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Offline Noggie

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Anyone re-sprung a DDC bike?
« on: October 30, 2016, 08:04:57 PM »
Guys,

Anyone here changed the springs on a DDC bike?
I know Lawrence has done it, I have read his thread, and we have exchanged PM's.

I'm on the heavier side, approx. 105kg/230lbs, and lets just say that dropping to 85kg will probably not happen during the winter break.
This means I can't get the SAG within BMW's spec.

I had a Local suspension guy set me up with some springs, and I was hoping for better road handling, I don't track the bike so not looking for a track setup.
He got in touch with K-tech and I got some 10,5N front and 100N rear spring.
These were not labelled for the S1kr, bit for a HP4. the front springs did not fit, too long and too small to fit over the DDC Cartridge.
Springs were returned.
Then the "problem" started, my guy have not been able to get any springs for my bike.
hlins don't have anything, He approached Andreani, but they would not produce any because they did not see a market and had no plan to make any. (unbelievable right??!!??)

My searches online indicate that Wilbers are the only ones that supply fork springs for the DDC.
But, I have not found anyone who supply rear springs.

Anyone here actually changed the springs on their bikes? and how did the ride change?
And anyone know who can supply springs for the DDC suspension?

Or am I forced to go on a diet this winter?  :001:

Offline hedonist222

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Re: Anyone re-sprung a DDC bike?
« Reply #1 on: October 30, 2016, 08:24:21 PM »
Ketosis & calorie deficit

I was 122 kg in February of 2015
I'm 186 cm (6'1)

Today I weigh 85.5 kg and still 186cm
That's about 32kg


It didn't take me these 1 year & 9 months to loose 37 kg

I gained 5 kg each time I lost 10 kg. I gained 5 kg 4 or 5 times over the past 16 months
One has to eat while traveling on vacation, right?

Earlier I was calorie deficit but no ketosis

Since July I've been calorie deficit & less than 20 grams of carbs per day & 45 mins of cardio thrice a week

Obviously consult a doctor prior.
But you can expect to loose 2 to 3 kg a month

The downside is, pun unintended, my ass pains from sitting on wooden stools now haha
2016 bmw r ninet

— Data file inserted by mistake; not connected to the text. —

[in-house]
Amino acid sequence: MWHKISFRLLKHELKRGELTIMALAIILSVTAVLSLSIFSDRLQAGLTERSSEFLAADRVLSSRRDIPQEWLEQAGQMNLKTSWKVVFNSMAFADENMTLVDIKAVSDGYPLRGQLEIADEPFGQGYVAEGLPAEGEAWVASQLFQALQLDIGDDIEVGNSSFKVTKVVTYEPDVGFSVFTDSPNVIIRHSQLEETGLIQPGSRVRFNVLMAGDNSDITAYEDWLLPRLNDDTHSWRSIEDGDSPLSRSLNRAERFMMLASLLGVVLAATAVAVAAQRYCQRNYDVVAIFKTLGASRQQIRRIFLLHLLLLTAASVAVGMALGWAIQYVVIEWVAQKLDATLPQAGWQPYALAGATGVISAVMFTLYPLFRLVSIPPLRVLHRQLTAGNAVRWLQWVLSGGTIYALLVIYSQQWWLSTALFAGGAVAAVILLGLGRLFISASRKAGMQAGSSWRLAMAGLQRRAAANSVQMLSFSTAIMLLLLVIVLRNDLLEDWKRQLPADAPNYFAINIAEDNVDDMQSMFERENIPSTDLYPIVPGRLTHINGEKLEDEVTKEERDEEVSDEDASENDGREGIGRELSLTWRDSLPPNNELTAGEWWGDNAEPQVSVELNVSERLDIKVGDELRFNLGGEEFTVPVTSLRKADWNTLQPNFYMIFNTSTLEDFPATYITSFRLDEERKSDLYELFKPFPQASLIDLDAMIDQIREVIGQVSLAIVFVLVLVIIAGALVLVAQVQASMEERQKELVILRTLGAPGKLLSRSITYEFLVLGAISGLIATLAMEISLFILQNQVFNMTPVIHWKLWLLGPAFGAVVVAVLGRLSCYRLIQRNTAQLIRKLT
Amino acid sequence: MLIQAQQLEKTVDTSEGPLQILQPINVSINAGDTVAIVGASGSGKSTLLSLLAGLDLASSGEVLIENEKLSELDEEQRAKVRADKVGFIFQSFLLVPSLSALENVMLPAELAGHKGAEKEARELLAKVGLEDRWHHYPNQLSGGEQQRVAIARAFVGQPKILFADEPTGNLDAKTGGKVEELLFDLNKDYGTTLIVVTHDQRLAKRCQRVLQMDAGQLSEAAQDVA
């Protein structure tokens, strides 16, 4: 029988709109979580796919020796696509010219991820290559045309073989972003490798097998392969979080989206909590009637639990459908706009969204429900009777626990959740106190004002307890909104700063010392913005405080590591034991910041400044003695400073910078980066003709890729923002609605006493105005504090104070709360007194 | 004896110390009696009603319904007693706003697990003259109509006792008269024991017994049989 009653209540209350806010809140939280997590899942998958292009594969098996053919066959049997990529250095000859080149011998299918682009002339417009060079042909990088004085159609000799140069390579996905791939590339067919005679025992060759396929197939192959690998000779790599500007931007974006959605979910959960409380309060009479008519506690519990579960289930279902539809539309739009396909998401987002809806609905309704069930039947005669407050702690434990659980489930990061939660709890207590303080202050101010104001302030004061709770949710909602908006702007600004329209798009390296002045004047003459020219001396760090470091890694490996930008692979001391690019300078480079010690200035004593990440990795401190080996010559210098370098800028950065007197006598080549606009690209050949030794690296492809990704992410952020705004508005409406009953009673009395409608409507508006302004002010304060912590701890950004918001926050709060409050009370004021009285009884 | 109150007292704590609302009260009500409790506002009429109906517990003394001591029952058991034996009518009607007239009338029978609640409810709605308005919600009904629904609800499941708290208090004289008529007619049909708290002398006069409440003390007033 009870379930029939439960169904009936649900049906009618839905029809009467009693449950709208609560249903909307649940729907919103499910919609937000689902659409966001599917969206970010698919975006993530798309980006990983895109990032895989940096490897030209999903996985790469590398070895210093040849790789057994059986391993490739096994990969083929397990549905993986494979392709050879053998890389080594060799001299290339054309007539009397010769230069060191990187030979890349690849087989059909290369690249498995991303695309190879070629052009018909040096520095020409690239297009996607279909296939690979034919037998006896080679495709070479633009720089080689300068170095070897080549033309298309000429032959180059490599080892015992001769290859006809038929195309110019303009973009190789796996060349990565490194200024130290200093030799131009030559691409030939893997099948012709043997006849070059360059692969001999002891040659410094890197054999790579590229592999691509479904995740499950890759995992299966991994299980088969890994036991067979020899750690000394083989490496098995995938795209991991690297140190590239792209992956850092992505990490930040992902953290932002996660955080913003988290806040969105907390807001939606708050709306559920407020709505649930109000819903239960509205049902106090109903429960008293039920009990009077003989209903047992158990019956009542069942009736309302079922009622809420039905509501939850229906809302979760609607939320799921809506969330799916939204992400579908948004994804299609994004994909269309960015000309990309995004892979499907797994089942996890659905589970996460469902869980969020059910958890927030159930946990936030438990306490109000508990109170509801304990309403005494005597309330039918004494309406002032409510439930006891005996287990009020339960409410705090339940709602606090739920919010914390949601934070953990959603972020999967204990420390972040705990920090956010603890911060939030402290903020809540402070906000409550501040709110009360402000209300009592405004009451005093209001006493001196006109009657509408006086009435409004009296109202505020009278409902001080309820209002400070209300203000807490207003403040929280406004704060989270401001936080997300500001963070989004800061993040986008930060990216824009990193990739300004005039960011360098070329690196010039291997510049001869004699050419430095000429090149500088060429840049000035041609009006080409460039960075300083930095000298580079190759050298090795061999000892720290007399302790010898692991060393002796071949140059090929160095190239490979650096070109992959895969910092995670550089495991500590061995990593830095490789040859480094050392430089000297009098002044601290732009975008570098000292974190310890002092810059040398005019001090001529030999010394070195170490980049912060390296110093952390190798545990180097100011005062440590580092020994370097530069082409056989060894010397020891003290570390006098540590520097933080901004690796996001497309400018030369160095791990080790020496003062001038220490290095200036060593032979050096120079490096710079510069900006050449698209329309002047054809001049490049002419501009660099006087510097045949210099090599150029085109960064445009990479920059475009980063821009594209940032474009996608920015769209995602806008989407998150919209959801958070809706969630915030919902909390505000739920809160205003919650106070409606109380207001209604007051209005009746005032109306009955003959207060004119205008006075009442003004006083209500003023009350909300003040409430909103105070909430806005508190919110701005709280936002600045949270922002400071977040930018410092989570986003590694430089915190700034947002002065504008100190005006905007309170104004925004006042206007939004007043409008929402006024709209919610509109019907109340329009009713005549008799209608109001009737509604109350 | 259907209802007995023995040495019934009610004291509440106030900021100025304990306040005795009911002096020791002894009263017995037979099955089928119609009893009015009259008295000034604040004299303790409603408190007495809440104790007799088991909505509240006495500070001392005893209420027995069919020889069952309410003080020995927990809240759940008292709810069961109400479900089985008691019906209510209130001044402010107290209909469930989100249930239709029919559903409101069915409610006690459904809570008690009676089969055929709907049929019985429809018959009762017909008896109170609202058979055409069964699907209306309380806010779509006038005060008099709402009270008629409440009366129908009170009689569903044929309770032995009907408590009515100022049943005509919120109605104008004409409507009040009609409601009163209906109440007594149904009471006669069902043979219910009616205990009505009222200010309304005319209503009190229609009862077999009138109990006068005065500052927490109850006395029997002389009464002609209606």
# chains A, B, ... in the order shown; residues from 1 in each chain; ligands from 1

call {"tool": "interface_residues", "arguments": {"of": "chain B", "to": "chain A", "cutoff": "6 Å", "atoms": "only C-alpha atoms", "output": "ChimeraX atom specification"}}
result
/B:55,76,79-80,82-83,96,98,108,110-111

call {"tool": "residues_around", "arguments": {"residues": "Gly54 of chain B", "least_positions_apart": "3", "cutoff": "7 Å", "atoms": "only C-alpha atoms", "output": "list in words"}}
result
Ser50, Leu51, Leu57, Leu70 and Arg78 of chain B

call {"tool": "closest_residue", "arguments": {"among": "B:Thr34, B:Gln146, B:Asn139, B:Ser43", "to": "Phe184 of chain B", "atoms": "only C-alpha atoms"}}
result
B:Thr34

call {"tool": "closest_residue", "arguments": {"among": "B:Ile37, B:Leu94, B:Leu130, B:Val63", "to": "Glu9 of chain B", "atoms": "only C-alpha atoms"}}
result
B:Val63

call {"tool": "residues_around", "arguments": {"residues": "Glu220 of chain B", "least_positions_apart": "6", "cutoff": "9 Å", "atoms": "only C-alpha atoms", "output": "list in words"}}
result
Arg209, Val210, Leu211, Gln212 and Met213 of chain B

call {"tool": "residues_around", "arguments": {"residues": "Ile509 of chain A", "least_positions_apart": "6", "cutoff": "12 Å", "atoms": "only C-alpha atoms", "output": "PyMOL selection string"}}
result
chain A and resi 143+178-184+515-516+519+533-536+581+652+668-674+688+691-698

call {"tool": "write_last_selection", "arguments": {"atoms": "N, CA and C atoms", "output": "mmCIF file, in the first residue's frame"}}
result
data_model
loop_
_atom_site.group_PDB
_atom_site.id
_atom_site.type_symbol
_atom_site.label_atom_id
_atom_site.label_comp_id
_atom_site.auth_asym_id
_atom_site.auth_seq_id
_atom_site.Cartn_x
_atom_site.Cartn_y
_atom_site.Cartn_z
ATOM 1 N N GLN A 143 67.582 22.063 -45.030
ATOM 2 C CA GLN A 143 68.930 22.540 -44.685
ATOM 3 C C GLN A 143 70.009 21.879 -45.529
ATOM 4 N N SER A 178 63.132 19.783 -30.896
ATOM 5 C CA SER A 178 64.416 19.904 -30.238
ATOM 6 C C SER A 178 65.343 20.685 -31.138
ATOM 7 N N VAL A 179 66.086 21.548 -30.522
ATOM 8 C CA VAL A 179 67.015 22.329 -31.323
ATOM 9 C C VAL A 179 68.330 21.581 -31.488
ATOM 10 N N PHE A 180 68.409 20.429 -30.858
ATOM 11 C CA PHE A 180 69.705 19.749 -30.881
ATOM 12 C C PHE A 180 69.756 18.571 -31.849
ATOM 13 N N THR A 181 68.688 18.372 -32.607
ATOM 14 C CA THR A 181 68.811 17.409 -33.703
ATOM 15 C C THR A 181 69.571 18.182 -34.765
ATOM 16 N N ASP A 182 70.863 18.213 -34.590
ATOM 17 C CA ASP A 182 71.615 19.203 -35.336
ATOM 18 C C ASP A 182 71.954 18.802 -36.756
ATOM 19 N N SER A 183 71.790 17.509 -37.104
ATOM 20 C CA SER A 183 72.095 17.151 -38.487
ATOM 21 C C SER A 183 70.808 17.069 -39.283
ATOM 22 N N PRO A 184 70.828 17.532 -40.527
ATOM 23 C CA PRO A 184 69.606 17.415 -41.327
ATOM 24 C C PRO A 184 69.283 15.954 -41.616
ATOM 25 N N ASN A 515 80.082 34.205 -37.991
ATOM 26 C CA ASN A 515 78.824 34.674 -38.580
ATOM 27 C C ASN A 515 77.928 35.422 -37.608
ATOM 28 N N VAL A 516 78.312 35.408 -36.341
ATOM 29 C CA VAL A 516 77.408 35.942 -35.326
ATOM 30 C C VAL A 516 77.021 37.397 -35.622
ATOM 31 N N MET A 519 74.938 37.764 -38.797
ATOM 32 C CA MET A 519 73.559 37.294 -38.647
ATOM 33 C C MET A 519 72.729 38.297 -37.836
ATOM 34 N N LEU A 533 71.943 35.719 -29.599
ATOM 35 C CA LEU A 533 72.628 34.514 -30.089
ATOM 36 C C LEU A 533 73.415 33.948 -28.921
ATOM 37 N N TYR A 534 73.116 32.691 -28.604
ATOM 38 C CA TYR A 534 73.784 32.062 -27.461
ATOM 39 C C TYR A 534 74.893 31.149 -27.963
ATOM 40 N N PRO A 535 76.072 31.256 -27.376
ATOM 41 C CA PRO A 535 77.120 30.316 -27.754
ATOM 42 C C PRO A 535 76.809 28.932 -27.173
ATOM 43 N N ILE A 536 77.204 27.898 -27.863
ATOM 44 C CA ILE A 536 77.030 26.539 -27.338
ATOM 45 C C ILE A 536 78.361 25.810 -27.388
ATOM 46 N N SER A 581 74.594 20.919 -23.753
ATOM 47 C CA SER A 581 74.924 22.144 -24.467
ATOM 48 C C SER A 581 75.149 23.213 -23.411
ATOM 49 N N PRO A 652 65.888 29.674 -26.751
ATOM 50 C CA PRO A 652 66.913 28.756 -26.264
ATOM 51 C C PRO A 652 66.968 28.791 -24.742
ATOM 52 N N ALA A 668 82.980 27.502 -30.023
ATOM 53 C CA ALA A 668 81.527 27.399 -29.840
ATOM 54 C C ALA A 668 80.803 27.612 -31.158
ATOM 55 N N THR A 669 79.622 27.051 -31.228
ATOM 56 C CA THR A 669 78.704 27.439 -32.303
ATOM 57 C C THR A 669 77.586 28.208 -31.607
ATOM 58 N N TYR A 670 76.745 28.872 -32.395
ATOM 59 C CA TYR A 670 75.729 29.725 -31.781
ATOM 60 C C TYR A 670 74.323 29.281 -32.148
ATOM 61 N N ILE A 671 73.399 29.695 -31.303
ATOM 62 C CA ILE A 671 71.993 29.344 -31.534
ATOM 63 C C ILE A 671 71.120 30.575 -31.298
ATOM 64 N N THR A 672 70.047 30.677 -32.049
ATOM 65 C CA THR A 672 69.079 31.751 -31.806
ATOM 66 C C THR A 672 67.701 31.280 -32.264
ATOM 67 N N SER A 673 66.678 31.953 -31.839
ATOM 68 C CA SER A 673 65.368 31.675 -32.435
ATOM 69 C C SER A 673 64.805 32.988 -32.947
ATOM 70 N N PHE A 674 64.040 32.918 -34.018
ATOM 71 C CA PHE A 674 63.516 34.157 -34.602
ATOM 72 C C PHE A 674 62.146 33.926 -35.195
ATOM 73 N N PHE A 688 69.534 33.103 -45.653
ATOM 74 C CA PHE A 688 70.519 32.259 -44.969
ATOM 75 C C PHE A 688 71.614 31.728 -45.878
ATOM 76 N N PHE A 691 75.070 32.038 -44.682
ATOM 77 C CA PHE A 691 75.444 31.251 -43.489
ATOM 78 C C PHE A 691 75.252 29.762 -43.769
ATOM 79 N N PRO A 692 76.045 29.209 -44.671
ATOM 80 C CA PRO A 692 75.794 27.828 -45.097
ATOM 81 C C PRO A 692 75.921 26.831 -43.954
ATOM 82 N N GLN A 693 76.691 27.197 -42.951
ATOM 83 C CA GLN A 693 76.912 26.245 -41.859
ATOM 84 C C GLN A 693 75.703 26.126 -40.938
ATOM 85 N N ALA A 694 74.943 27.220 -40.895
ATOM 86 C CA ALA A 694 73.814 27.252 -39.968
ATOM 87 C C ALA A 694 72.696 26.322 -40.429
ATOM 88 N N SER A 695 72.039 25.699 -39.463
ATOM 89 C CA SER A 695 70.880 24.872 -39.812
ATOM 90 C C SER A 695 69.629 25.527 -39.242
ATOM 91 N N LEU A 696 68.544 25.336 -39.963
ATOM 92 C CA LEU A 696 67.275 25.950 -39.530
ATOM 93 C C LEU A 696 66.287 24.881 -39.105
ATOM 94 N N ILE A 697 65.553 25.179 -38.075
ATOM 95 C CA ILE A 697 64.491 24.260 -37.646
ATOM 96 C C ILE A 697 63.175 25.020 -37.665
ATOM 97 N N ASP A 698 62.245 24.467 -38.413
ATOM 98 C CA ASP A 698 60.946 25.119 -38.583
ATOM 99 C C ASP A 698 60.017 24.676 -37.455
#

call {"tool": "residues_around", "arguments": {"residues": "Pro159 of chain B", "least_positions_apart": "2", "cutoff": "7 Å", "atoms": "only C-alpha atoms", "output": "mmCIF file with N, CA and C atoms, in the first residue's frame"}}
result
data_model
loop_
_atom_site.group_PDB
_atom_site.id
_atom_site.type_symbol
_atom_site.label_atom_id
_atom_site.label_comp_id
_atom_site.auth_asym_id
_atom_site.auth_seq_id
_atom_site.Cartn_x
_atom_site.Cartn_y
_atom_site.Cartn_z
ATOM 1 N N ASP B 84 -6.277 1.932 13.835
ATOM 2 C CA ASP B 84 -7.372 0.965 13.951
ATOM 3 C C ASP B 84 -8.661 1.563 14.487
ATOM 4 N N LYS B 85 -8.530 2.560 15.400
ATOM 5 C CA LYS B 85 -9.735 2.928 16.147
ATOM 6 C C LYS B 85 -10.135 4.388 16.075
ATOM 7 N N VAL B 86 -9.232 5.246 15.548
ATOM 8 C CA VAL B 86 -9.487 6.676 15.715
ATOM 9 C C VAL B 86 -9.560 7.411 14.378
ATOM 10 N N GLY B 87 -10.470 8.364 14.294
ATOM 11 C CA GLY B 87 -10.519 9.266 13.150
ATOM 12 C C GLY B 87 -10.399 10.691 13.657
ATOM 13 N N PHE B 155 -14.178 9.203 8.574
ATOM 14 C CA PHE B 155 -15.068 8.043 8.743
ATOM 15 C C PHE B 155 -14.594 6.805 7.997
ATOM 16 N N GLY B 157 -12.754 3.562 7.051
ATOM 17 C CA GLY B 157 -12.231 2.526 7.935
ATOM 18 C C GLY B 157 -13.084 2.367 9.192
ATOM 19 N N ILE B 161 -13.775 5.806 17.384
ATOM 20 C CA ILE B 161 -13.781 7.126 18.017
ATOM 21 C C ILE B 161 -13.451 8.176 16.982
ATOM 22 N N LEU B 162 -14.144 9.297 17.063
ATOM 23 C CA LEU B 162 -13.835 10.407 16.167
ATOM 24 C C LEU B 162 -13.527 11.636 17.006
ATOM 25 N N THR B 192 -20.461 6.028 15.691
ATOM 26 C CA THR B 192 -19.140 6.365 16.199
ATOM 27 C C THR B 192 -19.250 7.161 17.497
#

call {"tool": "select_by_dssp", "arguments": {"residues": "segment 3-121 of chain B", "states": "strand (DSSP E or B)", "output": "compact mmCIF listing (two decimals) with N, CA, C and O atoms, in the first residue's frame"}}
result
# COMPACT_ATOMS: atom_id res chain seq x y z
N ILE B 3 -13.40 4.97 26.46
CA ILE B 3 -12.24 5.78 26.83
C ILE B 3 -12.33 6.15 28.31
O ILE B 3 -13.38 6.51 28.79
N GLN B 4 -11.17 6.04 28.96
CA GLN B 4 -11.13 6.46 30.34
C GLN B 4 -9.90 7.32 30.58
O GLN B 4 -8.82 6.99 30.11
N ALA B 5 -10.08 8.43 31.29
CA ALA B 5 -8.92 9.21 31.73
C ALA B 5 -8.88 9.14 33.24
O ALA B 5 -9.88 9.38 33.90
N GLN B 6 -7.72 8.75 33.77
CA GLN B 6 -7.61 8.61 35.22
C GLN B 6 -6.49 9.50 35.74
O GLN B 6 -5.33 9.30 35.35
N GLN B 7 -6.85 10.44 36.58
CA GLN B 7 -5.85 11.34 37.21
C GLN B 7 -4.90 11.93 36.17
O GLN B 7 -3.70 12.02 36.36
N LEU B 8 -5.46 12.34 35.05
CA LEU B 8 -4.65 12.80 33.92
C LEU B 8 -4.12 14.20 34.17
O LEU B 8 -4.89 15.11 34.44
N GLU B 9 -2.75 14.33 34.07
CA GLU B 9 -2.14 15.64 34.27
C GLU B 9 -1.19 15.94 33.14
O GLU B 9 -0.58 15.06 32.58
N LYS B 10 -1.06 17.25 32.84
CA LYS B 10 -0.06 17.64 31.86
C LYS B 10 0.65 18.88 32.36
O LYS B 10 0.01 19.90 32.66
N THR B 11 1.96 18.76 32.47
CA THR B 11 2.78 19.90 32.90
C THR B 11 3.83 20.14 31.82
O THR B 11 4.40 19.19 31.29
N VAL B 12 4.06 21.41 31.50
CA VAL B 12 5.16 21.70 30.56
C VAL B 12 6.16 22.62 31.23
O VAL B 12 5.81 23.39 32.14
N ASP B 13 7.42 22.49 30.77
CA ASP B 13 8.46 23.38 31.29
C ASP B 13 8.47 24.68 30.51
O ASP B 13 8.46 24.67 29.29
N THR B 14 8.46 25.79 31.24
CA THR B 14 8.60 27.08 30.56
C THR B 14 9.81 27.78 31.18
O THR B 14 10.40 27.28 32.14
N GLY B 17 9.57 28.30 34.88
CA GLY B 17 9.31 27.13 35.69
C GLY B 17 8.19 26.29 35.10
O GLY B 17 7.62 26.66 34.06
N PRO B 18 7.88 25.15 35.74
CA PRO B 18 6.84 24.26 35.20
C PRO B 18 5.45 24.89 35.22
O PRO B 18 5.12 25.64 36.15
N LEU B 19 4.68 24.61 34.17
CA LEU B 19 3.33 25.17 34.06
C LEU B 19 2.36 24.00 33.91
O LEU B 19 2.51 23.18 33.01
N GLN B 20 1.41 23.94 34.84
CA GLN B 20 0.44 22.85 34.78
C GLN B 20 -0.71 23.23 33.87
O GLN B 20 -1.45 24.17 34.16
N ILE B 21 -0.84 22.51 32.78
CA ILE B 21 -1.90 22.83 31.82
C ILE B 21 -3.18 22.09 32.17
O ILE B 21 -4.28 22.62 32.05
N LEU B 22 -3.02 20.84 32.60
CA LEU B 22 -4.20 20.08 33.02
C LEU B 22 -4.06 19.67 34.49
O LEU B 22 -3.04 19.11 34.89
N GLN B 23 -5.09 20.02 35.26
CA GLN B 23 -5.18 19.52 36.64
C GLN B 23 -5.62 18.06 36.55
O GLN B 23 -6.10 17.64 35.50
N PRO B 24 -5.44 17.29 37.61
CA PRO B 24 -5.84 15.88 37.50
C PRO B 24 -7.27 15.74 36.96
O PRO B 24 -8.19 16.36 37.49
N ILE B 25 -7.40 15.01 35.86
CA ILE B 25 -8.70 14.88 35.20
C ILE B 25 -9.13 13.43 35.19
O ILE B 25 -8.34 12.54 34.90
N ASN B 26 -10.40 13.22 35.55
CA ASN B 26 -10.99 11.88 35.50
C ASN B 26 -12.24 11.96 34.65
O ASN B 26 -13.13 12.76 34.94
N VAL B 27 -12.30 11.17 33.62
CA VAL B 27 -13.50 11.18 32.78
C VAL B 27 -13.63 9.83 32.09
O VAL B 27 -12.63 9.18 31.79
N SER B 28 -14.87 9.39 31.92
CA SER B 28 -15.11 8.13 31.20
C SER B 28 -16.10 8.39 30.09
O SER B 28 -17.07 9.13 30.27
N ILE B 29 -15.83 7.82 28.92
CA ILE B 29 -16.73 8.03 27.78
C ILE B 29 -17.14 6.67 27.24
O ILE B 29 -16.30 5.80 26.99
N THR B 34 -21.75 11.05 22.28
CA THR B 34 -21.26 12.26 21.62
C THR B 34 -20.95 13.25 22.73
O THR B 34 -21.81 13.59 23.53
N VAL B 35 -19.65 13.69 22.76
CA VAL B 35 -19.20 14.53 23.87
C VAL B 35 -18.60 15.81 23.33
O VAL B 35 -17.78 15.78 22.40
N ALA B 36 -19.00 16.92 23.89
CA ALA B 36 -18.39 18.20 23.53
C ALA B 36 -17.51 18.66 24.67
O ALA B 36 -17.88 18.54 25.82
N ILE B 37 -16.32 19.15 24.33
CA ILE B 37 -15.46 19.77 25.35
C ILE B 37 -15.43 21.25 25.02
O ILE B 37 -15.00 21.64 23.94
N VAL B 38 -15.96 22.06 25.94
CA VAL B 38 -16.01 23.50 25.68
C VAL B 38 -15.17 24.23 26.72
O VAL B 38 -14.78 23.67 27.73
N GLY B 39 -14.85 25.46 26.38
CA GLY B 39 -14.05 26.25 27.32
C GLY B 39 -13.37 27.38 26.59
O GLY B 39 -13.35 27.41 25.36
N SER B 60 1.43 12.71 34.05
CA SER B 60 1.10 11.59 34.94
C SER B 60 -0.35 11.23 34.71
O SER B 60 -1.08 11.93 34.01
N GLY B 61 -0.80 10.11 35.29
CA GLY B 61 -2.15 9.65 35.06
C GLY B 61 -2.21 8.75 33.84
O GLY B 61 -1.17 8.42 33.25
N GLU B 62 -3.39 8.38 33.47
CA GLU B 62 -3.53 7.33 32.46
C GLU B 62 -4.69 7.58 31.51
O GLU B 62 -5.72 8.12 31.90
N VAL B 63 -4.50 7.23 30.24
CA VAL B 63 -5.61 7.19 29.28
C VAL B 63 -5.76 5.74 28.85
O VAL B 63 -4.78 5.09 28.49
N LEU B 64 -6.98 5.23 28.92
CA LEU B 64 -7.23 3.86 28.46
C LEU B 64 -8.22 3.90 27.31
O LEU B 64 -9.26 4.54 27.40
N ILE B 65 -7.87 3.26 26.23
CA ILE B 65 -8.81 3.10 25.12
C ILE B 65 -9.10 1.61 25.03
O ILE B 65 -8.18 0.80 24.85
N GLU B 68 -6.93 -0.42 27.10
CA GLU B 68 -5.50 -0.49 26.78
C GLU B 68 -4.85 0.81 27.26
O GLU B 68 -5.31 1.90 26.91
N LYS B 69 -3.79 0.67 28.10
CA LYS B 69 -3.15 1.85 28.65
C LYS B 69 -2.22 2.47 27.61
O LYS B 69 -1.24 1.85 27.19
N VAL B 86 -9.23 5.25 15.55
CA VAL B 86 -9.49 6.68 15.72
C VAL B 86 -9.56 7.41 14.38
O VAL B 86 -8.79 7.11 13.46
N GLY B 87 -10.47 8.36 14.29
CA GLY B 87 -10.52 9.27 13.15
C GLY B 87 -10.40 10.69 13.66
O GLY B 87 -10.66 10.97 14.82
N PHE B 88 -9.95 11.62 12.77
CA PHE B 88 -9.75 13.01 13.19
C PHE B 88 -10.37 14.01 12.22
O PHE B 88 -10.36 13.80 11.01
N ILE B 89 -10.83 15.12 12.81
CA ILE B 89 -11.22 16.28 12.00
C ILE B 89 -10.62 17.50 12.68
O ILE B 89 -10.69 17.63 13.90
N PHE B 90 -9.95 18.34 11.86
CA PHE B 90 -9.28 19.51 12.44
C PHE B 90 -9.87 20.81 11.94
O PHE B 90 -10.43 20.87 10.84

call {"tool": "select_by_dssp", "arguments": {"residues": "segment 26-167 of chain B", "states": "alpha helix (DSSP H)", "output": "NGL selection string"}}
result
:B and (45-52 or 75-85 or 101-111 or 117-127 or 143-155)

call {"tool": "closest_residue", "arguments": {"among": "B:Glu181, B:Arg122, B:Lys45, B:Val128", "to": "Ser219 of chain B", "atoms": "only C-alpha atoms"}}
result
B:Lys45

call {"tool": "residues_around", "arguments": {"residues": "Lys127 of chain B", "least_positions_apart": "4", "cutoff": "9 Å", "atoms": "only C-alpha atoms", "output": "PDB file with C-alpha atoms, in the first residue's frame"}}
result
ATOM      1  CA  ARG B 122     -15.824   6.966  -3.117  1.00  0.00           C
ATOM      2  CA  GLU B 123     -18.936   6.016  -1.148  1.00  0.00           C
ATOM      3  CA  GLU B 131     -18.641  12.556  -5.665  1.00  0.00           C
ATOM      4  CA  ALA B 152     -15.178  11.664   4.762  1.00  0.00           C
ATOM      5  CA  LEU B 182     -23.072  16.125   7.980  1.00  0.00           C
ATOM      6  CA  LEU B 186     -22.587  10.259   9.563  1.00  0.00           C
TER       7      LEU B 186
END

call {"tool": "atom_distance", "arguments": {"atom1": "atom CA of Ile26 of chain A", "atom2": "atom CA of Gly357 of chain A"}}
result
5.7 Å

2016 bmw s1000r

Former:
2015 KTM 500 EXC 6 Days

Offline SimonS1KR

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Re: Anyone re-sprung a DDC bike?
« Reply #2 on: October 30, 2016, 08:25:47 PM »
I'm going to watch this one with interest as I'm pretty much the same weight as you Noggie (and equally unlikely to shed 20kg any time soon).  I couldn't find any threads that indicated a satisfactory DDC solution yet. I was able to get the rear sag into the right range using preload but not a chance at the front with the standard springs.  I was thinking of Wilbers fork springs next year, but was hoping someone else would figure this out first...

Offline skapan

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Offline Noggie

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Re: Anyone re-sprung a DDC bike?
« Reply #4 on: October 30, 2016, 08:39:13 PM »
As I am hitting the big 40 next year, losing weight is not as easy as it used to be.
I have hardly been under 90kg since I was 18.
I did have a few years I was a "gym junkie" back in 2008-09, at which point I was down to 87kg.

However, I think that even if I go on a diet and start exercising, I will probably have a hard time to get much under 95kg.
I do have a plan to lose weight, but I doubt I will be much under 100kg before the season starts next year, so i think I will go for a slightly stiffer front spring regardless.

Offline Helisupp

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Re: Anyone re-sprung a DDC bike?
« Reply #5 on: October 30, 2016, 08:50:33 PM »
So how do you cope with a Pillion, seen a few little women (couple not so little) on back of S1000Rs.

If you want "soft" suspension try an MT10, then you would not be so unhappy with the suspension springs.

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Offline SimonS1KR

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Re: Anyone re-sprung a DDC bike?
« Reply #6 on: October 30, 2016, 08:58:01 PM »
*Originally Posted by Helisupp [+]
So how do you cope with a Pillion, seen a few little women (couple not so little) on back of S1000Rs.

If you want "soft" suspension try an MT10, then you would not be so unhappy with the suspension springs.